Coronavirus 2020 🤧

christilou

Legend
Jul 13, 2010
Sunny Frimley
Um.

According to the news here no more than ten minutes ago he's not on a ventilator. He has been given oxygen, which is not the same. A ventilator involves a machine breathing for the patient, oxygen means that they are breathing for themselves.

There are incidentally some interesting details coming out about the importance of position and posture on treatment effectiveness. Lying patients on their front, rather than back - or worse, propped up, gives the lungs more room in the body to inflate.

Yes. Boris is reported to be intensive care so that he can be near a ventilator if needed. Did you see the video of the NHS doctor demonstrating how to breathe to help with any lung infection ?
 
Jan 31, 2011
Newcastle, Australia
Sue
worse, propped up, gives the lungs more room in the body to inflate.
Interesting. The only way I can breathe when I have pneumonia, is through being upright, I cannot lie down in any position. Except when doing postural drainage, and then, I’m hanging face down over the edge of the bed, head and lungs down. The rest of the time I need CPAP and cant lie on my front with that.
 
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Jonathan F/2

Veteran
Aug 21, 2011
Los Angeles, USA
I just went grocery shopping today. It's now an all-day affair just to get food! I've switched to shopping every two weeks now, instead of once a week. Before going I have to prep all my PPE gear including two masks (one washable, one antiviral), safety glasses, gloves (disposable), and shoe coverings (disposable) so I don't track anything into my car. I also wear my quick-dry gym clothes since the material is easy to wash. Depending on the store, I have to wait in line. Today was raining so I also had to wear a rain jacket.

My wife and kids gave me a huge mega list of groceries so I aimed first for the hard to get items and worked my way down to the more common items. Almost all the customers were wearing masks and everyone was doing their best to social distance.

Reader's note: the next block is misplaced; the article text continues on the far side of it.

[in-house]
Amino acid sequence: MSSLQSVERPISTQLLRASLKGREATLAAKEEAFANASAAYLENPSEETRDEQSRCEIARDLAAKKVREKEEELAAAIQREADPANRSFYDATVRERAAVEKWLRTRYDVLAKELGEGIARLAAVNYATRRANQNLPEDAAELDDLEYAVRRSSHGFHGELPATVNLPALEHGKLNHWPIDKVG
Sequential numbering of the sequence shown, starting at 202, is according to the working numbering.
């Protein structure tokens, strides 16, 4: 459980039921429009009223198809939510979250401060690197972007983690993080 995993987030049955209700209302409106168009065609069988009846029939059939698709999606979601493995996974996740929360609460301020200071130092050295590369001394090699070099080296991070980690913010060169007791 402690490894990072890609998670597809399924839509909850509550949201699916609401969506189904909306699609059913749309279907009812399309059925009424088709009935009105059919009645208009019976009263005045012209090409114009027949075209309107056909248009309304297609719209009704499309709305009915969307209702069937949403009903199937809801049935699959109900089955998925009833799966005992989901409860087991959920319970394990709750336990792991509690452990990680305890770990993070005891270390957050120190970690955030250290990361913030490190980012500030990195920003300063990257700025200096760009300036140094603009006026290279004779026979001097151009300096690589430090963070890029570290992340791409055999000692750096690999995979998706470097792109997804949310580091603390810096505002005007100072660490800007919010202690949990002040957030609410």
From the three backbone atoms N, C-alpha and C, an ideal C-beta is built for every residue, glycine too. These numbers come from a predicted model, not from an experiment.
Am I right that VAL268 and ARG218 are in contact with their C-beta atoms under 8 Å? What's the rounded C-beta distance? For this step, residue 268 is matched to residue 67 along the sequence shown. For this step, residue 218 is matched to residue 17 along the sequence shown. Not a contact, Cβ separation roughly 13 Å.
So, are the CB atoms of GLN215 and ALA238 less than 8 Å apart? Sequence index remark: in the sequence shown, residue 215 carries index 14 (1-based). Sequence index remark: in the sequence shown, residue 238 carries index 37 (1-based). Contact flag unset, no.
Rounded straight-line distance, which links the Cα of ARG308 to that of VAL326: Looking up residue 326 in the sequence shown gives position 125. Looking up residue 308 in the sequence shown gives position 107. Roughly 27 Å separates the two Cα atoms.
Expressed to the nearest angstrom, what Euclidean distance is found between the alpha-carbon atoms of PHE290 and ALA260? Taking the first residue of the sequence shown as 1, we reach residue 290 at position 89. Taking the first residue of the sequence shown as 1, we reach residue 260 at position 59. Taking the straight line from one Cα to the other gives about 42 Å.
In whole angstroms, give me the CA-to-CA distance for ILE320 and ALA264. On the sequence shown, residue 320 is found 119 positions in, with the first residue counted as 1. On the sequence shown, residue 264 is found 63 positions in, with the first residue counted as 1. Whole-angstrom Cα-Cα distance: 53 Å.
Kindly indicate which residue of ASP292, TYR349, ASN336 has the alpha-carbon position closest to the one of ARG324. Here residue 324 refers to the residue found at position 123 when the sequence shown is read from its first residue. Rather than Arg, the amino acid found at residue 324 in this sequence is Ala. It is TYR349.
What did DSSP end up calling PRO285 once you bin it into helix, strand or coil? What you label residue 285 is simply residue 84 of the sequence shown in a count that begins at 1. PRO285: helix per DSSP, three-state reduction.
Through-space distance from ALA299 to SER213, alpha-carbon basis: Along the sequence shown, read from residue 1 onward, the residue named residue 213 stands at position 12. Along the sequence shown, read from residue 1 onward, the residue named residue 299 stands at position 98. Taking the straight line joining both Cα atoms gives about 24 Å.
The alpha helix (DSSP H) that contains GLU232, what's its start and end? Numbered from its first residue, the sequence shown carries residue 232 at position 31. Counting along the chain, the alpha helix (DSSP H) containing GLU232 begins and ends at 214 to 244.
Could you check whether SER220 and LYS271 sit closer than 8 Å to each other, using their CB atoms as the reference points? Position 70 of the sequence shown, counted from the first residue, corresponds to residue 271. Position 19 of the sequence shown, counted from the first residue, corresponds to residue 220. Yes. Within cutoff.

The shopping is actually the easy part, because once I get home I have cleaning supplies ready to individually wipe down and disinfect everything. I've been resorting to just using bleach diluted in water, that way I can conserve on my other cleaning sprays and disinfectant wipes. All shopping bags are immediately recycled and never brought in the house. For some packaged items I'll switch them over to plastic containers and dispose of the boxes. Fruits are individually washed with water and soap. Garlic, onions and potatoes get left outside to air out for at least 24 hours. We have a system where I do all the wiping down and my daughter puts everything away. Any left over bleach water is used to wipe down the kitchen and bathrooms so it doesn't go to waste. After that's done, I place my shopping clothes in a bag and leave it outside for when I do my next laundry load. I then go straight to the shower and thoroughly wash.

Anyways, that's my shopping system! ;)
 
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rayvonn

Hall of Famer
Jan 19, 2015
I just went grocery shopping today. It's now an all-day affair just to get food! I've switched to shopping every two weeks now, instead of once a week. Before going I have to prep all my PPE gear including two masks (one washable, one antiviral), safety glasses, gloves (disposable), and shoe coverings (disposable) so I don't track anything into my car. I also wear my quick-dry gym clothes since the material is easy to wash. Depending on the store, I have to wait in line. Today was raining so I also had to wear a rain jacket.

My wife and kids gave me a huge mega list of groceries so I aimed first for the hard to get items and worked my way down to the more common items. Almost all the customers were wearing masks and everyone was doing their best to social distance.

The shopping is actually the easy part, because once I get home I have cleaning supplies ready to individually wipe down and disinfect everything. I've been resorting to just using bleach diluted in water, that way I can conserve on my other cleaning sprays and disinfectant wipes. All shopping bags are immediately recycled and never brought in the house. For some packaged items I'll switch them over to plastic containers and dispose of the boxes. Fruits are individually washed with water and soap. Garlic, onions and potatoes get left outside to air out for at least 24 hours. We have a system where I do all the wiping down and my daughter puts everything away. Any left over bleach water is used to wipe down the kitchen and bathrooms so it doesn't go to waste. After that's done, I place my shopping clothes in a bag and leave it outside for when I do my next laundry load. I then go straight to the shower and thoroughly wash.